Storm Safety Tips

  • Never touch downed wires: If you see a downed power line, assume it is energized and extremely dangerous. Do not touch or try to move it—and keep children and animals away. Report downed power lines immediately by calling 9-1-1 and by calling PG&E at 1-800-743-5002.
  • Gas and electric safety if flooding occurs. If a customer’s home or business is threatened by rising waters, turn off all gas appliances, or close gas appliance valves with a one-quarter turn. If you are unable to shut gas appliances off, turn your gas service off at the meter by using a wrench or other suitable tool to give the valve a one-quarter turn, in either direction, until it is perpendicular to the pipe. To shut off electricity, locate the main switch at the electric panel and turn the switch off. Never touch electrical equipment with wet hands or while standing in water. Once floodwaters recede, PG&E will restore gas and electric service to the community. When returning to their homes, customers should not attempt to turn on their gas or electricity. They should contact PG&E at 1-800-743-5000 to request that their services be restored.
  • Use generators safely: Customers with standby electric generators should make sure they are properly installed by a licensed electrician in a well-ventilated area. Improperly installed generators pose a significant danger to customers, as well as crews working on power lines. If using portable generators, be sure they are in a well-ventilated area.
  • Use flashlights, not candles: During a power outage, use battery-operated flashlights, and not candles, due to the risk of fire. And keep extra batteries on hand. If you must use candles, please keep them away from drapes, lampshades, animals, and small children. Do not leave candles unattended.
  • Have a backup phone: If you have a telephone system that requires electricity to work, such as a cordless phone or answering machine, plan to have a standard telephone or cellular phone ready as a backup. Having a portable charging device helps to keep your cell phone running.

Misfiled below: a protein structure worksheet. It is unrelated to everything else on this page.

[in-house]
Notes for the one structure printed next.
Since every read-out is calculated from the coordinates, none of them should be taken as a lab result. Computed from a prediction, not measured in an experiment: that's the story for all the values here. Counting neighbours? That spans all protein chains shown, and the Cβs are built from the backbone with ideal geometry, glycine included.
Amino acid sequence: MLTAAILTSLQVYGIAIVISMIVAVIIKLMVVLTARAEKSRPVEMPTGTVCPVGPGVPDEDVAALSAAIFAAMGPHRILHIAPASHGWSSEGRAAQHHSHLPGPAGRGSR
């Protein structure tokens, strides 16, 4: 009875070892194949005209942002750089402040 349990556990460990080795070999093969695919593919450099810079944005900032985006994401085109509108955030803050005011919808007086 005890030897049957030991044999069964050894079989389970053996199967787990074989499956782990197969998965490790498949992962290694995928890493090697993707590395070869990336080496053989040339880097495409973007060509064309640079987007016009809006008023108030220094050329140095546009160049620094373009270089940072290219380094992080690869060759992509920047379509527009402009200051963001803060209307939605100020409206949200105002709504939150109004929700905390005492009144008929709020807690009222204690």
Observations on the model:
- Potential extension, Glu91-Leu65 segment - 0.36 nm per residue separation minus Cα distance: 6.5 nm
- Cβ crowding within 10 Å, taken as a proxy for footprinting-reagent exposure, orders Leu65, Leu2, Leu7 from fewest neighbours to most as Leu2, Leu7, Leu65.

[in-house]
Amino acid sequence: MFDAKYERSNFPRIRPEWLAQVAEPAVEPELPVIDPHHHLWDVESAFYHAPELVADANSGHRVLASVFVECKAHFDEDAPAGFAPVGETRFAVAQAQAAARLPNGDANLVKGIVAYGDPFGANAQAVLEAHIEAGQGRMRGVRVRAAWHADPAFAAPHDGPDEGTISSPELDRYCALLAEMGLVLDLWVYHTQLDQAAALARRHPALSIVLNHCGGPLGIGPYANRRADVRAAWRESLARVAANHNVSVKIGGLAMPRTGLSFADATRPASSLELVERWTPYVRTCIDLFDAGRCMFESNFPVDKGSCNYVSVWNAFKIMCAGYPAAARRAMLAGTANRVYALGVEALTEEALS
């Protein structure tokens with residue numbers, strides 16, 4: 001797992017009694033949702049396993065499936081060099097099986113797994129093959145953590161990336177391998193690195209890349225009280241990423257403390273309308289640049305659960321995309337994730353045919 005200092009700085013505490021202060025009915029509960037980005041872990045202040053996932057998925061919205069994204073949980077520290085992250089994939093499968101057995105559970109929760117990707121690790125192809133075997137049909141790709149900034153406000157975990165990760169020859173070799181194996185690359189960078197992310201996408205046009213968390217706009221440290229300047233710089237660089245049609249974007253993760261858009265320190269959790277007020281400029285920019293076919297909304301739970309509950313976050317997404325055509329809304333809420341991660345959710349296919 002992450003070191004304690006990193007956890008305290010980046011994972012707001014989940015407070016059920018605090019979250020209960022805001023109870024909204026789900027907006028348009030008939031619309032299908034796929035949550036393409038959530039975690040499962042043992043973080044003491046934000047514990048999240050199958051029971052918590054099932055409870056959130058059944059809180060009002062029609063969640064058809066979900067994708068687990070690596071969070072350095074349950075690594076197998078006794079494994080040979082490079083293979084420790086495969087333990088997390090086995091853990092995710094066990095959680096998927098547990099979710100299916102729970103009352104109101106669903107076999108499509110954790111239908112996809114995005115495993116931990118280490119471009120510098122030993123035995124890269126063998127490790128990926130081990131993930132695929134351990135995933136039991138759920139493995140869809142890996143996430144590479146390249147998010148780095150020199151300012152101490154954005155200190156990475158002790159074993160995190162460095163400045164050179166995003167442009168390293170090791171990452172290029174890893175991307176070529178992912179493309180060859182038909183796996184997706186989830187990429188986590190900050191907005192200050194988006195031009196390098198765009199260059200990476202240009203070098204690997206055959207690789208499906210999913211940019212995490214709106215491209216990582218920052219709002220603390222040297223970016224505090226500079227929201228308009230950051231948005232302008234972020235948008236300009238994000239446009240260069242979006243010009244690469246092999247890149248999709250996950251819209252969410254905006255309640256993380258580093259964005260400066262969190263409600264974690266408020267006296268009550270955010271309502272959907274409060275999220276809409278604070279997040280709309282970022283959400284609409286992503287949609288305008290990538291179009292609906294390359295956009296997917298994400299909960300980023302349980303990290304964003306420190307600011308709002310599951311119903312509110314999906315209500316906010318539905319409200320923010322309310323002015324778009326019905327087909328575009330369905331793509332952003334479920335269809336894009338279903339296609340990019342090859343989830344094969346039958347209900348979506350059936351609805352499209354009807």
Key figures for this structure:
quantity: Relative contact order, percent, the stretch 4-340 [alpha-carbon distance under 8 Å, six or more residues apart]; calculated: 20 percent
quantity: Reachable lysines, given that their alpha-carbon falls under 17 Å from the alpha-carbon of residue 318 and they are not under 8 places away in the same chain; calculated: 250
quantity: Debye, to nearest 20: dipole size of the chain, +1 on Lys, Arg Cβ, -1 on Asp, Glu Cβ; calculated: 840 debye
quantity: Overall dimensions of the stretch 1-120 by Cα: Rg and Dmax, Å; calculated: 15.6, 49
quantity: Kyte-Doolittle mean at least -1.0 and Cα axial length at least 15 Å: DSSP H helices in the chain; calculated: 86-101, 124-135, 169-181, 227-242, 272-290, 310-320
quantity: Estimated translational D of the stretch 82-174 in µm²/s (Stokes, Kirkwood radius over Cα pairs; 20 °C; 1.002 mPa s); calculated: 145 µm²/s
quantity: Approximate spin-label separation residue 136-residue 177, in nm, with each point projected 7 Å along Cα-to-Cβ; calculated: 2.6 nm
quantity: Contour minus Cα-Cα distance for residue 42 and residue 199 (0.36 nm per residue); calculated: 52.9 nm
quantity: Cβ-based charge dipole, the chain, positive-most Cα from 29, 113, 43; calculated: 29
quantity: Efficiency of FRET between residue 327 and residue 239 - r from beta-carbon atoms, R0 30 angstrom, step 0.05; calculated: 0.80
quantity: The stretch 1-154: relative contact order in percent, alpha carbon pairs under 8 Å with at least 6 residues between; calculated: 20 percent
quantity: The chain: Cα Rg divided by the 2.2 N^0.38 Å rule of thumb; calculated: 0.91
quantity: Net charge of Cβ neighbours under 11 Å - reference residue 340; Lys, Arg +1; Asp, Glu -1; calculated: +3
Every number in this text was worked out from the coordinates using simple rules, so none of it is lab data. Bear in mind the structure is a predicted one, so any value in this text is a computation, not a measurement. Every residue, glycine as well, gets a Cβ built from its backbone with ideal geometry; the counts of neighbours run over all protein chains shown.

• Have fresh drinking water, ice: Freeze plastic containers filled with water to make blocks of ice that can be placed in your refrigerator/freezer during an outage to prevent foods from spoiling. Blue Ice from your picnic cooler also works well in the freezer.
  • Secure outdoor furniture: Deck furniture, lightweight yard structures and decorative lawn items should be secured as they can be blown by high winds and damage overhead power lines and property.
  • Turn off appliances: If you experience an outage, unplug, or turn off all electrical appliances to avoid overloading circuits and to prevent fire hazards when power is restored. Simply leave a single lamp on to alert you when power returns. Turn your appliances back on one at a time when conditions return to normal.
  • Safely clean up: After the storm has passed, be sure to safely clean up. Never touch downed wires and always call 8-1-1 or visit at least two full business days before digging to have all underground utilities safely marked.

Other tips can be found at

About PG&E

Pacific Gas and Electric Company, a subsidiary of PG&E Corporation (NYSE:PCG), is a combined natural gas and electric utility serving more than 16 million people across 70,000 square miles in Northern and Central California. For more information, visit and